Today's post will be about how a skirt works, what undergarments are ideal, how to keep a slip from slipping, how to wear a skirt, et cetera.
A skirt is a basic garment: fabric wraps around the waist or hips and is fastened there, but hangs free underneath. A dress hangs from the shoulders or bosom, but it has a skirt, too, and so when I talk about skirts here I'll include the ones with attached bodices. Some skirts are fitted (pencil skirt, wiggle skirt), some fit at the hips and flare below (trumpet skirt, gored skirt, circle skirt), some are pleated or gathered at the waist (dirndl skirt), and so on. The one thing they all have in common, is that nothing goes between the legs.
SKIRT PROBLEMS & SOLUTIONS
For such a simple concept, you'd think a skirt would be simple to wear, but that's not always the case. Here are some common problems and their solutions.
SKIRT TANGLES IN LEGS
As you walk, the skirt gets sucked between your legs and tangles there. This is most common with long skirts, especially if there's a lot of fullness at the hem but the fabric is thin. I once had a 25 yard skirt for belly dance that was difficult to walk in because there was so much circumference at the hem that it had nowhere to go but between my ankles as I walked! Several little tricks can ease this problem.
SKIRT RIDES UP IN FRONT
As you walk, friction with your legs makes your skirt cling and ride up in front. Worse yet, it might ball up in your crotch before falling back into place! Yikes! So awkward. This will happen even more if you're wearing nylon stockings, since nylons provide more friction than bare legs.
SKIRT FULL OF STATIC!
Static is a build-up of electrical charge in the fabric, and is more common in very dry fabrics, which is why your clothes may zap you right out of the dryer. The solutions revolve, therefore, around adding moisture to the fibers or channeling electricity out.
SKIRT HANGS UNEVENLY
Most skirts are designed so their hems are parallel to the ground. If your skirt is supposed to hang even but doesn't, it's usually because of your body, and your skirt might need alterations. The most common form of this problem is when the skirt is shorter in the back than in the front, because you have a big booty! A larger bum requires that the skirt be cut longer in the back, since it has more ground to cover before it reaches the same level as the front skirt. Conversely, a big belly, especially a pregnant belly, will require a skirt cut longer in the front.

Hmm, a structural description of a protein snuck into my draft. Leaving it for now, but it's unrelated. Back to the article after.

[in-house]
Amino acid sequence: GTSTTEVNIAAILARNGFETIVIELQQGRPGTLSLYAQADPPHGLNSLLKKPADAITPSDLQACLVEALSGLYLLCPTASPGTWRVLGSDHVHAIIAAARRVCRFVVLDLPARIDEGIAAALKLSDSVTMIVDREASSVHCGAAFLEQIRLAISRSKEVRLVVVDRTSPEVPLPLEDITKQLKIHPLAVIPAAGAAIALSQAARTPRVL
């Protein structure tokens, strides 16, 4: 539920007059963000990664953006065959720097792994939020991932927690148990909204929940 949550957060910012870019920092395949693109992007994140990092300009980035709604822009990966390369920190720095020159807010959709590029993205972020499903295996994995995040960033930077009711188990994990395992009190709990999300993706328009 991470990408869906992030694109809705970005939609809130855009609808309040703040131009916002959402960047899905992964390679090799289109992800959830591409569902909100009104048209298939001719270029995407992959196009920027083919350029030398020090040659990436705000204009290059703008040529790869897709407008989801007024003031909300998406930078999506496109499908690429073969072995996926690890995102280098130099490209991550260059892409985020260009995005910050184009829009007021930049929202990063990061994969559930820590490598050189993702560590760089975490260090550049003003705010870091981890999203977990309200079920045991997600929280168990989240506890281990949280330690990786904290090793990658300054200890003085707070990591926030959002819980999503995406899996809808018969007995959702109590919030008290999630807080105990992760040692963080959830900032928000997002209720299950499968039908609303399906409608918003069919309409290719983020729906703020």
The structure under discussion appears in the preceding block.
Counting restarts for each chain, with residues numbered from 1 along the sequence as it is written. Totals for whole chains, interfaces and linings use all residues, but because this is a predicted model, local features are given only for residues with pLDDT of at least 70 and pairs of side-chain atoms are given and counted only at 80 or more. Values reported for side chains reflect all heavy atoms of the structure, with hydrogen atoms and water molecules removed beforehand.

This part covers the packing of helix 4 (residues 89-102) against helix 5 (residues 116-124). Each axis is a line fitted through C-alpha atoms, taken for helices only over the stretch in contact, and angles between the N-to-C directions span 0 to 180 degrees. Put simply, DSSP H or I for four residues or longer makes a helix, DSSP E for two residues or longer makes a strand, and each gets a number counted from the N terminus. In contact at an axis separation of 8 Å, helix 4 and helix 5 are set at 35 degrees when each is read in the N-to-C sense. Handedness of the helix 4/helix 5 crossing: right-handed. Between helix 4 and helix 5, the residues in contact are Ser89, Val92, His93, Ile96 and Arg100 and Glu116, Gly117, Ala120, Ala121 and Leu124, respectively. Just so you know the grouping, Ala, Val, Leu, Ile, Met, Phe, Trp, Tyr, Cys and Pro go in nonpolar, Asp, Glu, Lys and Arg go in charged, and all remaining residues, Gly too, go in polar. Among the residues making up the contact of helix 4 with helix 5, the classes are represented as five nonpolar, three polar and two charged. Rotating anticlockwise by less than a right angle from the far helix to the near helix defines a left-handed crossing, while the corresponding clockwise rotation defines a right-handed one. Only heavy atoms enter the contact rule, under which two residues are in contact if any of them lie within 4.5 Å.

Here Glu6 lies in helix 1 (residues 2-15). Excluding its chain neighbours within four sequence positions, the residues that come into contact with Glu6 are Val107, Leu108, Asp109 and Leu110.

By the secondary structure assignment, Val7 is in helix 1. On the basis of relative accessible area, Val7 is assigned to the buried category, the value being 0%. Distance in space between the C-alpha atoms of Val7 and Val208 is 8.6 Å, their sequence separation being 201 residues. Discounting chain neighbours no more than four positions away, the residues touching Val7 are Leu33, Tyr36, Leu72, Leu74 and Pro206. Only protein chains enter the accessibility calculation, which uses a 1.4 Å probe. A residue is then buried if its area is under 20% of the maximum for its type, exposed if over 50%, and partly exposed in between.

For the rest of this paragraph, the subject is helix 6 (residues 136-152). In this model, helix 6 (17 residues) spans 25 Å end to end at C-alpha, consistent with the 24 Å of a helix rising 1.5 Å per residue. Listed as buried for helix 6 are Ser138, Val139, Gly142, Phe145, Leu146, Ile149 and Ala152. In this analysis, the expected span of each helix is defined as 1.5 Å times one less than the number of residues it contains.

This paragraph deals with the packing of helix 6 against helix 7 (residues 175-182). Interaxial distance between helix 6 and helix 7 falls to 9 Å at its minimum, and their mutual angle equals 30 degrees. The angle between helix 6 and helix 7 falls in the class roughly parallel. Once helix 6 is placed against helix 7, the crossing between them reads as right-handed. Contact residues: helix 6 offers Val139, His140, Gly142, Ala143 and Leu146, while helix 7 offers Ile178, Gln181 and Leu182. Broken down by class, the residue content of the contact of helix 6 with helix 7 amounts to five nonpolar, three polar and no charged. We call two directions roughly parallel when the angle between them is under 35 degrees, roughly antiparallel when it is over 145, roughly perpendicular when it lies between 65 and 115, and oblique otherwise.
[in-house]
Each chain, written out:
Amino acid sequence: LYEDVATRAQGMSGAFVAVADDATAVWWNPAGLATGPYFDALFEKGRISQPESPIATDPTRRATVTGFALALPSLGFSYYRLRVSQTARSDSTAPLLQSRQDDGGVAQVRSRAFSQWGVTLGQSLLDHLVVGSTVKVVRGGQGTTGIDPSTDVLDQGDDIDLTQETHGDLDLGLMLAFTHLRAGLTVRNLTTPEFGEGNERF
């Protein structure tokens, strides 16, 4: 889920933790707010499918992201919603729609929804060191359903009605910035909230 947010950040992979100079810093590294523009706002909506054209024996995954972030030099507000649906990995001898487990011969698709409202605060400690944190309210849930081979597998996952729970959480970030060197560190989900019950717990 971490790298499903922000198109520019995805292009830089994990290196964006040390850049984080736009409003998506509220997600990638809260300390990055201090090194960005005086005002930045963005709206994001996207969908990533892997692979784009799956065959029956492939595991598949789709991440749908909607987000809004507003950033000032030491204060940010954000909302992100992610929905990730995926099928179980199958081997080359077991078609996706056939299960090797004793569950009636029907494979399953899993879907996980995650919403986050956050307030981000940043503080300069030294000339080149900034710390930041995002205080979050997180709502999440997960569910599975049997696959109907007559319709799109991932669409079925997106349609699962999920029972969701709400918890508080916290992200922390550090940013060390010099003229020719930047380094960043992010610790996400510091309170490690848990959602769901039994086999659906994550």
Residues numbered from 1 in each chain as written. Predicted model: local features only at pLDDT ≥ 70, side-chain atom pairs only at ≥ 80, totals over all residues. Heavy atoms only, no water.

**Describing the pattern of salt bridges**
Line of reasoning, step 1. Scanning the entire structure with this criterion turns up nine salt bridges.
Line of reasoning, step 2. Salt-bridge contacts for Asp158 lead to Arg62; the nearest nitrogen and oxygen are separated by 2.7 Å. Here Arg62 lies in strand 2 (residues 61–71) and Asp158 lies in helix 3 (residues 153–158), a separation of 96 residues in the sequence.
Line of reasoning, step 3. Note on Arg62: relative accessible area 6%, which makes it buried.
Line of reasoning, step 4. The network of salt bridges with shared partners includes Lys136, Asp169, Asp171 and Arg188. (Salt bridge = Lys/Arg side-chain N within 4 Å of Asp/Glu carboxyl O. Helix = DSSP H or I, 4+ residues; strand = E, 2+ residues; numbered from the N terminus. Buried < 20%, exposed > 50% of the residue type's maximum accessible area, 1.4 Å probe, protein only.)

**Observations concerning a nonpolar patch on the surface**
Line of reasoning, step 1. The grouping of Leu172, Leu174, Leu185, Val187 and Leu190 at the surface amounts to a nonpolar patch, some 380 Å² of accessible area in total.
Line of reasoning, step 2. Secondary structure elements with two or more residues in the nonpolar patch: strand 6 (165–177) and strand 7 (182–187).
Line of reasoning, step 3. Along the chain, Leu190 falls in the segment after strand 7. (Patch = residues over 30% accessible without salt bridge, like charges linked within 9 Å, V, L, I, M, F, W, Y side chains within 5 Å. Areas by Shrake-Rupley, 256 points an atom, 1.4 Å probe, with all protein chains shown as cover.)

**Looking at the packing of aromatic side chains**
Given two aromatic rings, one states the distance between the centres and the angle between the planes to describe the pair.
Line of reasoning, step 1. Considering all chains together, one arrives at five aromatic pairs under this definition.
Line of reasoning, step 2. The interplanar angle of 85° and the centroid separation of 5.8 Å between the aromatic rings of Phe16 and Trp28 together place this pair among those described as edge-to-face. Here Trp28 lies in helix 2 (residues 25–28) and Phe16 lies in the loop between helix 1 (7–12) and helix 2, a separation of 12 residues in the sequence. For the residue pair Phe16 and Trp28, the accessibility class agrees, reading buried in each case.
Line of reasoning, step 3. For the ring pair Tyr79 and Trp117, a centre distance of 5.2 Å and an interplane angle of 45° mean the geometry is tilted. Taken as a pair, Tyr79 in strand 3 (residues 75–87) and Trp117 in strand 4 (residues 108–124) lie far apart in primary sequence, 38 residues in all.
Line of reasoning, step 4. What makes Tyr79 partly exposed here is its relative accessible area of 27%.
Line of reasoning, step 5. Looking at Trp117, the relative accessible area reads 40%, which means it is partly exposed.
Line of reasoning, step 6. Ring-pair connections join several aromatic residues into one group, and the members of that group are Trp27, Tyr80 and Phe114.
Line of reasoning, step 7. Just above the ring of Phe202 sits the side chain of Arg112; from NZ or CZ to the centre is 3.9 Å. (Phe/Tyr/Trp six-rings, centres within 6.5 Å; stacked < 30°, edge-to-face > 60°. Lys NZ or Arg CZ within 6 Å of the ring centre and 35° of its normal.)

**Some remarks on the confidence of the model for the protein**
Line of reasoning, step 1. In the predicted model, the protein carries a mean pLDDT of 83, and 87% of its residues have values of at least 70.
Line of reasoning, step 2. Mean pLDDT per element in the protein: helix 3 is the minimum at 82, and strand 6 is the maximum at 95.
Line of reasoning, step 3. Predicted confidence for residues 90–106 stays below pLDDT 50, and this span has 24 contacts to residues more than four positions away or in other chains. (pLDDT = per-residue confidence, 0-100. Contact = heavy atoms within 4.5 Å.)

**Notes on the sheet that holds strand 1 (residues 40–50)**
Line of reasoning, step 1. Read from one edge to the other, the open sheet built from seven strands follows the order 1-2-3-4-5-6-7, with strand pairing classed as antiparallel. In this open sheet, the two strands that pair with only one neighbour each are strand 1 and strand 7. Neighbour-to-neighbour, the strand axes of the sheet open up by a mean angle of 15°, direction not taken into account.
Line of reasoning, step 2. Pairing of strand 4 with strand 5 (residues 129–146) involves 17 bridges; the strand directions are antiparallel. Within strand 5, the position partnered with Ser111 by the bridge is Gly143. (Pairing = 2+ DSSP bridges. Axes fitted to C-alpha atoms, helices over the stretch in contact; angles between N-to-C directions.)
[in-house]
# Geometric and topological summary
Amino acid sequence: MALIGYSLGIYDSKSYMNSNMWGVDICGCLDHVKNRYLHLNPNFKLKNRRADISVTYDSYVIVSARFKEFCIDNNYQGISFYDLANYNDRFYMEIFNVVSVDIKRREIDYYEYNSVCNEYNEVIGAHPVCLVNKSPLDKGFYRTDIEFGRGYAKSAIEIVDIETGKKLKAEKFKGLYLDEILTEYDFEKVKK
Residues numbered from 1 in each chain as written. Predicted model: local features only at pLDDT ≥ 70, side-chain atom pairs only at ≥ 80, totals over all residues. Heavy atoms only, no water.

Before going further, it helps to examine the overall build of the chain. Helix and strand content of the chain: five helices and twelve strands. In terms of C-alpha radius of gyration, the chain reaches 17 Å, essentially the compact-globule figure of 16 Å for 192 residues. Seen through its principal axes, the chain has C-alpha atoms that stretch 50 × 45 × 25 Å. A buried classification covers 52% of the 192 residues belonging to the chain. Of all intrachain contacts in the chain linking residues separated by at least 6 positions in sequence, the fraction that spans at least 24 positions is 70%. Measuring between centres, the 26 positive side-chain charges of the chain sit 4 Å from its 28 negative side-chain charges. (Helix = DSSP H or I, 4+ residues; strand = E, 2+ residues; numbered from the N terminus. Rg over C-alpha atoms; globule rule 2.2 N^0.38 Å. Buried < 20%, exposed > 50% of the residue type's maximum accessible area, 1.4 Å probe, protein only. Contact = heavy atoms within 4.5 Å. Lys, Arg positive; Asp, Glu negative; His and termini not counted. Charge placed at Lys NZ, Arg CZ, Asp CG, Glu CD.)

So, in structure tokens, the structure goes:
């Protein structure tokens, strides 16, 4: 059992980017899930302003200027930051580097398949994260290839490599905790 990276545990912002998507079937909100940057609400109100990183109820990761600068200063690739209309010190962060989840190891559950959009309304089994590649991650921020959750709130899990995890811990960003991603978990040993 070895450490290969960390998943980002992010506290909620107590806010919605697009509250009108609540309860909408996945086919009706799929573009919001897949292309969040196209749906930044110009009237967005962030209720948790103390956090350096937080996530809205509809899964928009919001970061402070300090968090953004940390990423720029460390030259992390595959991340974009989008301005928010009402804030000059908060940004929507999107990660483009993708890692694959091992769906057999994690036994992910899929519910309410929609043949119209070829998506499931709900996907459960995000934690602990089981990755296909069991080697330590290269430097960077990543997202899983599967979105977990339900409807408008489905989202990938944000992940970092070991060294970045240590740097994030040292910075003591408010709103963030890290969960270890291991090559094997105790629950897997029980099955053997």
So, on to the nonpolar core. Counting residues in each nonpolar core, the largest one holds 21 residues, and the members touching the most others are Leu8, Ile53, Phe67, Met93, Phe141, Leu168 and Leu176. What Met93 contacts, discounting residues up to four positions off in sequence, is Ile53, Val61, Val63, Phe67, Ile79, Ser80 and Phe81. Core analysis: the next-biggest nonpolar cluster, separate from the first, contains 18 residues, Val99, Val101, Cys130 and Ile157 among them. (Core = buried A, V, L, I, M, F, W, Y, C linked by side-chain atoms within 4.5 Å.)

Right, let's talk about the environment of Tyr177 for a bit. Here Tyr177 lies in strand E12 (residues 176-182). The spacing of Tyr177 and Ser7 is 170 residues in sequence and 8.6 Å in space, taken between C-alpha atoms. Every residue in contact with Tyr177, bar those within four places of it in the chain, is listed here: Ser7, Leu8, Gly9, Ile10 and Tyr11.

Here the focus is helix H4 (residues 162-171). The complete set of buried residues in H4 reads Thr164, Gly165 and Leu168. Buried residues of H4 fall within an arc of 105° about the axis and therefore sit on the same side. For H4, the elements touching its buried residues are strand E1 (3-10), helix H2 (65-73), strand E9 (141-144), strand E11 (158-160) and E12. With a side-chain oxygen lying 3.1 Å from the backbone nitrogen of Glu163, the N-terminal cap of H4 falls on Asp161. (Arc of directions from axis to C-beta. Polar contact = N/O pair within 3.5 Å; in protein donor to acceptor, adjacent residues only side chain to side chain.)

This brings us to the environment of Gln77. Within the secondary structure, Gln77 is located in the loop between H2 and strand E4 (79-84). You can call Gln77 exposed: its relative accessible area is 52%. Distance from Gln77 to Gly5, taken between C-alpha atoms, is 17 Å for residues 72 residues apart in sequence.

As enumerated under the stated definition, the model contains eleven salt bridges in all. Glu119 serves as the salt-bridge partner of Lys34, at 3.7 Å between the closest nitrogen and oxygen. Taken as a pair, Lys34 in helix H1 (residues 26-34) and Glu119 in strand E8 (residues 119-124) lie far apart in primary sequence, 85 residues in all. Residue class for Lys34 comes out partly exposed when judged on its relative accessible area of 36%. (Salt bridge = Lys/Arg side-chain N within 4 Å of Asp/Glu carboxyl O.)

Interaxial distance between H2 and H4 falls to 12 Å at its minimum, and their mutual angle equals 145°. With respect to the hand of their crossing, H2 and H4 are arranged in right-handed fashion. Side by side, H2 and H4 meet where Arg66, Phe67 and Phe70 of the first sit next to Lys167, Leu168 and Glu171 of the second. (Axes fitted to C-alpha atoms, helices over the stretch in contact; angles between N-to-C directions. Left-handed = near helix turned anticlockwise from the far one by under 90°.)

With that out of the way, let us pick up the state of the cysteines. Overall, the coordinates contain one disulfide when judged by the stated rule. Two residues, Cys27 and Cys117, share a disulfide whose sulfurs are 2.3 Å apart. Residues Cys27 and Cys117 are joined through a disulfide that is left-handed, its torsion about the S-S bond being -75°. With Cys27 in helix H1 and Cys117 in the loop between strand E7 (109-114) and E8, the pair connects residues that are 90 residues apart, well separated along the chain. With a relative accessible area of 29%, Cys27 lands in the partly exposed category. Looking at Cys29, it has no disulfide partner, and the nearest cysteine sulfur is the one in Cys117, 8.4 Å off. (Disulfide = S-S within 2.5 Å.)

YOUR SLIP IS SLIPPING!
Your slip may be longer than the skirt and therefore hanging below the skirt at the hem. Or it may be an old half-slip losing its elastic at the waist, and it's falling down your hips. Or it may be too big for you! Whatever the reason, this functional but private garment is playing peekaboo, with the result that instead of looking put-together, you look like a kid playing dress-up in Mom's clothes!
YOU CAN'T SIT IN IT
When you try the skirt on at the store, it is snug but cute, so you buy it. But later when you sit down, it pinches your thighs, makes taut lines over your belly or lap, and rides up. Fitted skirts will always ride up a little when you sit, but this is too much for comfort. If this happens too much, you'll start to see pull marks at the side seams. The problem is that the skirt's too small. Even a fitted skirt needs extra ease around the hips/bum because those areas expand several inches when you sit.
YOUR A-LINE IS MORE LIKE AN H
An A-line skirt is smooth at the hips (no gathers) and wide at the hem, and is supposed to stand out from the body just a little, to make the shape of a capital A. It's a flattering look on most bodies, and makes the waist look smaller. But what if yours just hangs straight down from the hips, like a capital H instead?